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By: Costas Bocelli — January 26, 2011

The "Ag's" Are Hot. Here are 7 Ways to Profit ...

Editor's Note:  Once again, please be sure to check out this week's contribution from Guest Contributor Tom Putney, who will be writing a series of articles for you on currency investing.  Tom brings more than 20 years of trading experience, including 6 trading the Forex market, where he traded $250 million in volume per month as a Certified Trading Advisor.  You'll find his article immediately following Costas' contribution for the week.
 
 
While the United States is fending off core deflationary pressures that pose a major threat to our fragile economic recovery, inflationary aftershocks are being felt around the world as a result.

Ultra loose monetary policy, driven by the Federal Reserve's $600 billion quantitative easing program, is not only driving headline consumer inflation higher domestically, but emerging markets are feeling the effects at a staggering pace.

As foreign central banks combat inflationary pressures through interest rate hikes and currency stability techniques, there has been a general pull back in the commodity space.

Most notably, precious metals such as gold and silver have pulled back considerably since the start of trading in 2011.  Base industrial metals like copper and aluminum have weakened from their peaks as well.  Even crude oil has slipped below $90 a barrel, and may test short to intermediate term support levels.

However, bucking the trend are the agricultural commodities.

Is The Ag Space Going to Be The Leader in 2011?

They're off to a strong start, with Corn, Wheat, and Soybeans leading the way.  While food prices are expected to rise a modest 2-3% here in the United States, it's a whole different story in emerging and poor countries.

China and India are seeing food prices rise in the double digits.  Poorer nations are seeing prices and anxiety rise to levels that are approaching the food crisis in 2008.  The majority of these populations spend a significant amount of their incomes directly on food, in some cases half of their earnings.  When food prices rise drastically or supply becomes constrained, civil unrest is a direct threat.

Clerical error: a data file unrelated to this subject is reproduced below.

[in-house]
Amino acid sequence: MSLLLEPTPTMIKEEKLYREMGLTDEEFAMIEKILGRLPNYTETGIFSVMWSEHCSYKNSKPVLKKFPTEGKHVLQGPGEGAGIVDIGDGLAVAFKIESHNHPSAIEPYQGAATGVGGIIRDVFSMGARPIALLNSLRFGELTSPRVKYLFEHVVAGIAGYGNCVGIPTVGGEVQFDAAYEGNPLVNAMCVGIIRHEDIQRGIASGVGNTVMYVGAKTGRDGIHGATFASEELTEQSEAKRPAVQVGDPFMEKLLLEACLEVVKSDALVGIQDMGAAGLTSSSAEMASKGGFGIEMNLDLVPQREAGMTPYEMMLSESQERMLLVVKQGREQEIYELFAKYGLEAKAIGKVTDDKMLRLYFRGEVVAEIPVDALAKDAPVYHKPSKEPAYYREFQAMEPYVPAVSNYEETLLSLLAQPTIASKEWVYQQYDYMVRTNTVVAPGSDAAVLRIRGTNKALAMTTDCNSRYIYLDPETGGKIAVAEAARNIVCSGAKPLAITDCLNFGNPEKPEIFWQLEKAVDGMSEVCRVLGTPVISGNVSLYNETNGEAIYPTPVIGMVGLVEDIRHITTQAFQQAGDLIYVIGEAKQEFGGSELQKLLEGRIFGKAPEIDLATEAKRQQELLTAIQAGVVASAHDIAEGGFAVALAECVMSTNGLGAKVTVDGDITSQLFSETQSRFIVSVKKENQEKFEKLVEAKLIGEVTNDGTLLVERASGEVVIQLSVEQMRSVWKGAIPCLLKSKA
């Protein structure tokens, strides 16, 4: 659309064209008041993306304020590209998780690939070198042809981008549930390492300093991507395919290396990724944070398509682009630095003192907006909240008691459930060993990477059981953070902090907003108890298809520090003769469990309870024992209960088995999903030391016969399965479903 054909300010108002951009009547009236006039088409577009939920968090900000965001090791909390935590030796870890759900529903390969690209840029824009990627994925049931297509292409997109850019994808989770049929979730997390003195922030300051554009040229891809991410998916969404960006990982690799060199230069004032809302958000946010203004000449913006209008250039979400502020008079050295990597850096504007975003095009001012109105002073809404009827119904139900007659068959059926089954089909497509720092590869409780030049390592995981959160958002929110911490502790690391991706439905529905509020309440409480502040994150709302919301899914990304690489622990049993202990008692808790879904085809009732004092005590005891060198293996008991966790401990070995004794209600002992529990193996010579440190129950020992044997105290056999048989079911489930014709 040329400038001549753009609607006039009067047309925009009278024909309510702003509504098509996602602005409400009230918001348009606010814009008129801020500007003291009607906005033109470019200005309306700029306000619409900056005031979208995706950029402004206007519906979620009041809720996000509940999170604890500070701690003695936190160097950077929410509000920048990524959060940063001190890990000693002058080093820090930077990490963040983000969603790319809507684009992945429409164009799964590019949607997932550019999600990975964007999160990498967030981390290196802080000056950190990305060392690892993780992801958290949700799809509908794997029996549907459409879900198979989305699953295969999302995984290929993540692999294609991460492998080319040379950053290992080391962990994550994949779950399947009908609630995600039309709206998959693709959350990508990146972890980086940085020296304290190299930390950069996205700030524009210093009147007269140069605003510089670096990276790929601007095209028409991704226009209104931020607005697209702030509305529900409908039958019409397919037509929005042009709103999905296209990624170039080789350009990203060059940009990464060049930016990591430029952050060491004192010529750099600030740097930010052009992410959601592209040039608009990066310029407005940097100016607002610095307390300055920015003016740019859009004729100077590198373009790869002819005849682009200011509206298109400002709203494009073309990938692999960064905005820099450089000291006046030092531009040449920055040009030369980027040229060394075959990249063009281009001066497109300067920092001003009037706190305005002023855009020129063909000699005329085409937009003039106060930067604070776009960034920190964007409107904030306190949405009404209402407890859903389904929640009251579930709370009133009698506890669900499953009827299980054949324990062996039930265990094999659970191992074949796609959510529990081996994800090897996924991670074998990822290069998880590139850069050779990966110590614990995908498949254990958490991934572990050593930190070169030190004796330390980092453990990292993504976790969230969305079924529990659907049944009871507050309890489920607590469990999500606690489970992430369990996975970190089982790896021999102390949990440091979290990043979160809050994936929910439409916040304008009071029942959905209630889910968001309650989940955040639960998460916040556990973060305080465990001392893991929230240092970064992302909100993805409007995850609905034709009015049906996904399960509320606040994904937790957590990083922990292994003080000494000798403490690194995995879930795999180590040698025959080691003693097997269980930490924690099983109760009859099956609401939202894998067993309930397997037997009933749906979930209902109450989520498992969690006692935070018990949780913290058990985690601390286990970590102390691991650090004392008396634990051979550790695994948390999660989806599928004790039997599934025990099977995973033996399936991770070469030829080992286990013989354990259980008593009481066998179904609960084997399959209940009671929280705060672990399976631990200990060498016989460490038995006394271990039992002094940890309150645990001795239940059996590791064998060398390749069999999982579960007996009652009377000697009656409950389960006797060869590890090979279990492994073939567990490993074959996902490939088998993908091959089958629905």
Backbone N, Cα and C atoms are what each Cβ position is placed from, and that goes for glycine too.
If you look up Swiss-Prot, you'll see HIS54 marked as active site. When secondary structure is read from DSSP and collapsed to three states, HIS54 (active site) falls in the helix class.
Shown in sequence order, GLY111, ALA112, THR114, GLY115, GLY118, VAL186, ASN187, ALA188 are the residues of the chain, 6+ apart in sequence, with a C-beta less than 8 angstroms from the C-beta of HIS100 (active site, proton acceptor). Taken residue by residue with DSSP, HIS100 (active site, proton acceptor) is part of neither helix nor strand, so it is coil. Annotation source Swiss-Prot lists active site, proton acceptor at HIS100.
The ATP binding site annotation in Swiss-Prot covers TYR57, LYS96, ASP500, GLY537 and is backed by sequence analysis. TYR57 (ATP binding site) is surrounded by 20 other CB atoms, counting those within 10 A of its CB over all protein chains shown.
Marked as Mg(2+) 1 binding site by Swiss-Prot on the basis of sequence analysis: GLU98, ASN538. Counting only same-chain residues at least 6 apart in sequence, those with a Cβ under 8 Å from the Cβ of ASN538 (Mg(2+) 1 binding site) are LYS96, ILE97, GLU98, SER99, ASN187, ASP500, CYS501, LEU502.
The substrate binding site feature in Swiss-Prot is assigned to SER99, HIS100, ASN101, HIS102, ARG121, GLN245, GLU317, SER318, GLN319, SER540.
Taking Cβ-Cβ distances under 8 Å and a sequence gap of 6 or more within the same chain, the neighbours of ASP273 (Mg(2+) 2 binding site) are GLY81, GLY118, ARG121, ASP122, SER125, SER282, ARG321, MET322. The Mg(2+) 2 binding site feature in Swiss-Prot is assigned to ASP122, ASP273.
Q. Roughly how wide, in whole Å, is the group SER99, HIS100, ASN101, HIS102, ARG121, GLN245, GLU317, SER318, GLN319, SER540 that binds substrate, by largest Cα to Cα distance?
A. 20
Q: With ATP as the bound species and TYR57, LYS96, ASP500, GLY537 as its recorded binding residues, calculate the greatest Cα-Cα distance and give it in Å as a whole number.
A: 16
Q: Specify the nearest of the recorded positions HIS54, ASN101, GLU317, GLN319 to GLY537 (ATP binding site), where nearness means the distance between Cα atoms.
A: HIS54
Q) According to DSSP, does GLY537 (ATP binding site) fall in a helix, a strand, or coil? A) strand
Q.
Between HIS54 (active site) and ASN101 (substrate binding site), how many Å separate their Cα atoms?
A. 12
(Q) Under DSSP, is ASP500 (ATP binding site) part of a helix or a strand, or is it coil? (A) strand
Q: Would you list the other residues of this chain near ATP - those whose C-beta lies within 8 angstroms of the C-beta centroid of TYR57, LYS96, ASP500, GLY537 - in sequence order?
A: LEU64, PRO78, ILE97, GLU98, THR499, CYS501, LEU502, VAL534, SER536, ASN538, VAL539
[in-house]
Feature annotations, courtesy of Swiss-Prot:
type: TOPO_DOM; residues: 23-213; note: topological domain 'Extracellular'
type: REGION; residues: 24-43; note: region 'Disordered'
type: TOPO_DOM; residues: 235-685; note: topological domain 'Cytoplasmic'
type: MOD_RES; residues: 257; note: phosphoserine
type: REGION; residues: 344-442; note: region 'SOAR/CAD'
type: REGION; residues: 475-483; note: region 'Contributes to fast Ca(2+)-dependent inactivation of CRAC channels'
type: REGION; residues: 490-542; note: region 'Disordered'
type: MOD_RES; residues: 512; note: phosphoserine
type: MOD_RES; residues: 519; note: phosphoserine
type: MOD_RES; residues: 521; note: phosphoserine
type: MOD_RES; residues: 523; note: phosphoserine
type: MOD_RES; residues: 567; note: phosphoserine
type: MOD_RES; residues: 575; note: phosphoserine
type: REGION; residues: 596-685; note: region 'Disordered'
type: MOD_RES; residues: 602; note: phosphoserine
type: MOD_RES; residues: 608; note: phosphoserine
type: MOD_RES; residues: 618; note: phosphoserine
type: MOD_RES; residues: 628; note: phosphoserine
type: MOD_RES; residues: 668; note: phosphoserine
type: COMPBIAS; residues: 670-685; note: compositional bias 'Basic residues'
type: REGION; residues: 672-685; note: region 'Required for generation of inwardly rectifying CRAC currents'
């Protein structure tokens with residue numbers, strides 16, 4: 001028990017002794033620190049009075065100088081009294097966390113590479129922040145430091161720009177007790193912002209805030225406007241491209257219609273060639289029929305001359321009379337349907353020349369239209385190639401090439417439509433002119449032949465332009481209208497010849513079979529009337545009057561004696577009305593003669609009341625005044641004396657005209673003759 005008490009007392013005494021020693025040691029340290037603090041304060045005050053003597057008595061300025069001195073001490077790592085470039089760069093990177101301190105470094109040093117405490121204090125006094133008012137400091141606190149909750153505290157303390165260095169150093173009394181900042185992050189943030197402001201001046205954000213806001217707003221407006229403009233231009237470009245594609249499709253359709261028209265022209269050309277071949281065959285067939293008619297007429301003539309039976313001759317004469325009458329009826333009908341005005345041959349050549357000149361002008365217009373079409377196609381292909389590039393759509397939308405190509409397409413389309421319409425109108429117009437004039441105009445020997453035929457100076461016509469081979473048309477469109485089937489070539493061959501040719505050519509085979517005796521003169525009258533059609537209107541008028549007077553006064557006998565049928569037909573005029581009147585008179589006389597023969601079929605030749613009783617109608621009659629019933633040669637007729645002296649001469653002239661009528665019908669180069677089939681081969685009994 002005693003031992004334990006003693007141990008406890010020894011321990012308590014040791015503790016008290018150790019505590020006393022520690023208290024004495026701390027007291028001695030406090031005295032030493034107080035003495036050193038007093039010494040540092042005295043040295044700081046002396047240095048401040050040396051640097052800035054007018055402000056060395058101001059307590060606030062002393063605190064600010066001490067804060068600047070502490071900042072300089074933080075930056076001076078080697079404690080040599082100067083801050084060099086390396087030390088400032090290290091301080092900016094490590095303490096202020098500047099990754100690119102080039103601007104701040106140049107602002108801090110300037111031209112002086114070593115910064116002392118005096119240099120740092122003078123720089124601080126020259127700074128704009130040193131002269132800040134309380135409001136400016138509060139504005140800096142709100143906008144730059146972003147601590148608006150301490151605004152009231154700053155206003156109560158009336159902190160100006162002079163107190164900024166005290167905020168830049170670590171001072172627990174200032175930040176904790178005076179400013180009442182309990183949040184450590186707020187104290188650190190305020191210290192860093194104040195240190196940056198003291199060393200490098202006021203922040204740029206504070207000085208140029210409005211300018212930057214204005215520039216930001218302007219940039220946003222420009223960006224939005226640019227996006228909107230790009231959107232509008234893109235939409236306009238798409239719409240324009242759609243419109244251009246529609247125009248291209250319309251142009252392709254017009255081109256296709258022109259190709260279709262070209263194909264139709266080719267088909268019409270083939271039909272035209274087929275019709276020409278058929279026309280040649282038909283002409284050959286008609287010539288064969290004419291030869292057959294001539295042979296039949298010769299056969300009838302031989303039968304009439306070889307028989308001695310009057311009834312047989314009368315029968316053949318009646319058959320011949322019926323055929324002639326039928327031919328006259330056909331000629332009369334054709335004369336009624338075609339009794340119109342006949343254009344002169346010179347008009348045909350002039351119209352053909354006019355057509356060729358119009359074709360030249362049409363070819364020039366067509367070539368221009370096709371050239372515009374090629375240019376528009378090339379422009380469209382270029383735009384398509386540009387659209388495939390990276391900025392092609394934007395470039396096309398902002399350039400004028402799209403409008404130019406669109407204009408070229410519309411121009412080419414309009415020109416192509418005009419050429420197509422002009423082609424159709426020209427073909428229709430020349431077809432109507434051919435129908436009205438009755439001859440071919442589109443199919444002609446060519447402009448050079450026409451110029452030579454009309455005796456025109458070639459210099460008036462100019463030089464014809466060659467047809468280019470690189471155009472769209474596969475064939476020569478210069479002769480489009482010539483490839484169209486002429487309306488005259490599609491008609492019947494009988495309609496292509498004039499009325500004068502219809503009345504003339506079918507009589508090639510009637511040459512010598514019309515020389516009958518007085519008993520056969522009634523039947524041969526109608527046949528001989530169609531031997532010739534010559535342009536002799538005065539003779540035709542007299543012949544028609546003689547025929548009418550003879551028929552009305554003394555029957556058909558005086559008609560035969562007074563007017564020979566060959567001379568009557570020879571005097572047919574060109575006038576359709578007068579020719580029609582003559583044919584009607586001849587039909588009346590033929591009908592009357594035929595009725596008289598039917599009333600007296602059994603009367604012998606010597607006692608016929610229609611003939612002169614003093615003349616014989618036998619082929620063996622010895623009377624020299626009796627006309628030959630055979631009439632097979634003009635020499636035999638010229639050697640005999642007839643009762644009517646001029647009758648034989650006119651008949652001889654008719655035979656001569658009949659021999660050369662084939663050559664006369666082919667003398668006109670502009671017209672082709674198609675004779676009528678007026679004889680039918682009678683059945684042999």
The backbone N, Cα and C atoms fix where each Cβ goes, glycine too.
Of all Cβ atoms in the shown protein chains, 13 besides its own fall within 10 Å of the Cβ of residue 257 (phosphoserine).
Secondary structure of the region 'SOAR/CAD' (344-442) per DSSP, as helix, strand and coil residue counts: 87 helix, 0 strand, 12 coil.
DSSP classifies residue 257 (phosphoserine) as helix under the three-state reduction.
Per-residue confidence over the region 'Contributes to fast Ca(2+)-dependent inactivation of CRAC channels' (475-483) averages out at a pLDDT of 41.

Here is a daily chart on the March 2011 Wheat futures contract ...
 

(Click on image to enlarge)

 
 
The charts of Corn and Soybeans are very similar.
 
Aside from the reflationary pressures that the Federal Reserve is applying to the general commodity space, the Ag space has been immune to the inflation-fighting tools that have stopped other commodity prices in their tracks, like the metals and oil.

The strength lies solely in the inherent need for food, as global population demand is outstripping supply production.

The United States Department of Agriculture, in its latest annual crop production and grain stock report, has indicated that 2011 will see below average production per acre.  Weather and farmland conditions are the primary drivers.

These estimates, coupled with inclement weather in other major producing areas around the world, has put global supplies behind schedule.

The droughts in Russia ravaged the wheat crops last year to the point where the country was forced to ban exports to ensure adequate domestic supply.

Other countries, like India and China, also saw bad weather drive production yields below estimates, putting further pressure on supply.  These countries have populations of over 1 billion citizens, and are importing as much as they can.

As emerging markets like Brazil and Asia strengthen, the demand for food grows immensely, particularly for more expensive food groups like meat.  Demand growth for cattle is putting further pressure on the grains which are the primary diets for livestock.

Even though oil has pulled back recently, it's still well north of $80 a barrel.  Many analysts are expecting crude oil to trade above $100 in 2011.  Higher oil prices prompt investment and greater attention towards alternative energy sources like Ethanol.  This bio fuel is most popularly derived from Corn, which creates direct competition with the food market for supply.

How to Get Exposure to the Grains

There are several ways to profit in the Ag space.

The most transparent play would be direct exposure to the grain prices.  The iPath grain ETN (symbol: JJG) gives you exposure to all three -- corn, wheat, and soybeans.  This ETN trades about 200,000 shares a day on average, but does not trade options.

If you prefer a more liquid play, consider the PowerShares Agricultural ETF (symbol: DBA).  This asset has a more eclectic mix of the soft commodities.  It's much more liquid than JJG, trading over 2 million shares a day, and the options are very liquid.
 

(Click on image to enlarge)
 
For the more seasoned investor, consider some second derivative plays in the Ag sector.

A favorite group is the farm and equipment companies that manufacture products in high demand from agricultural producers.  Look at companies like Caterpillar Inc. (symbol: CAT) and Deere & Co. (symbol: DE).  Any pull backs should be good opportunities to get bullish exposure.

Another second derivative play is in the fertilizer space.  As new farming acreage is difficult to cultivate, producers look for ways to maximize yield on existing farmable land, especially when they're getting top dollar on the open market.  Fertilizer additives are in high demand as phosphates, potash, and hybrid seed technology can boost production, which leads to higher profits.

Companies like Mosaic Co. (symbol: MOS), Potash Corp. (symbol: POT), and Monsanto Co. (Symbol: MON) are well positioned when grain prices are rising.

The fundamental story is well in place for the Ag's in 2011.

Bon Appétit!

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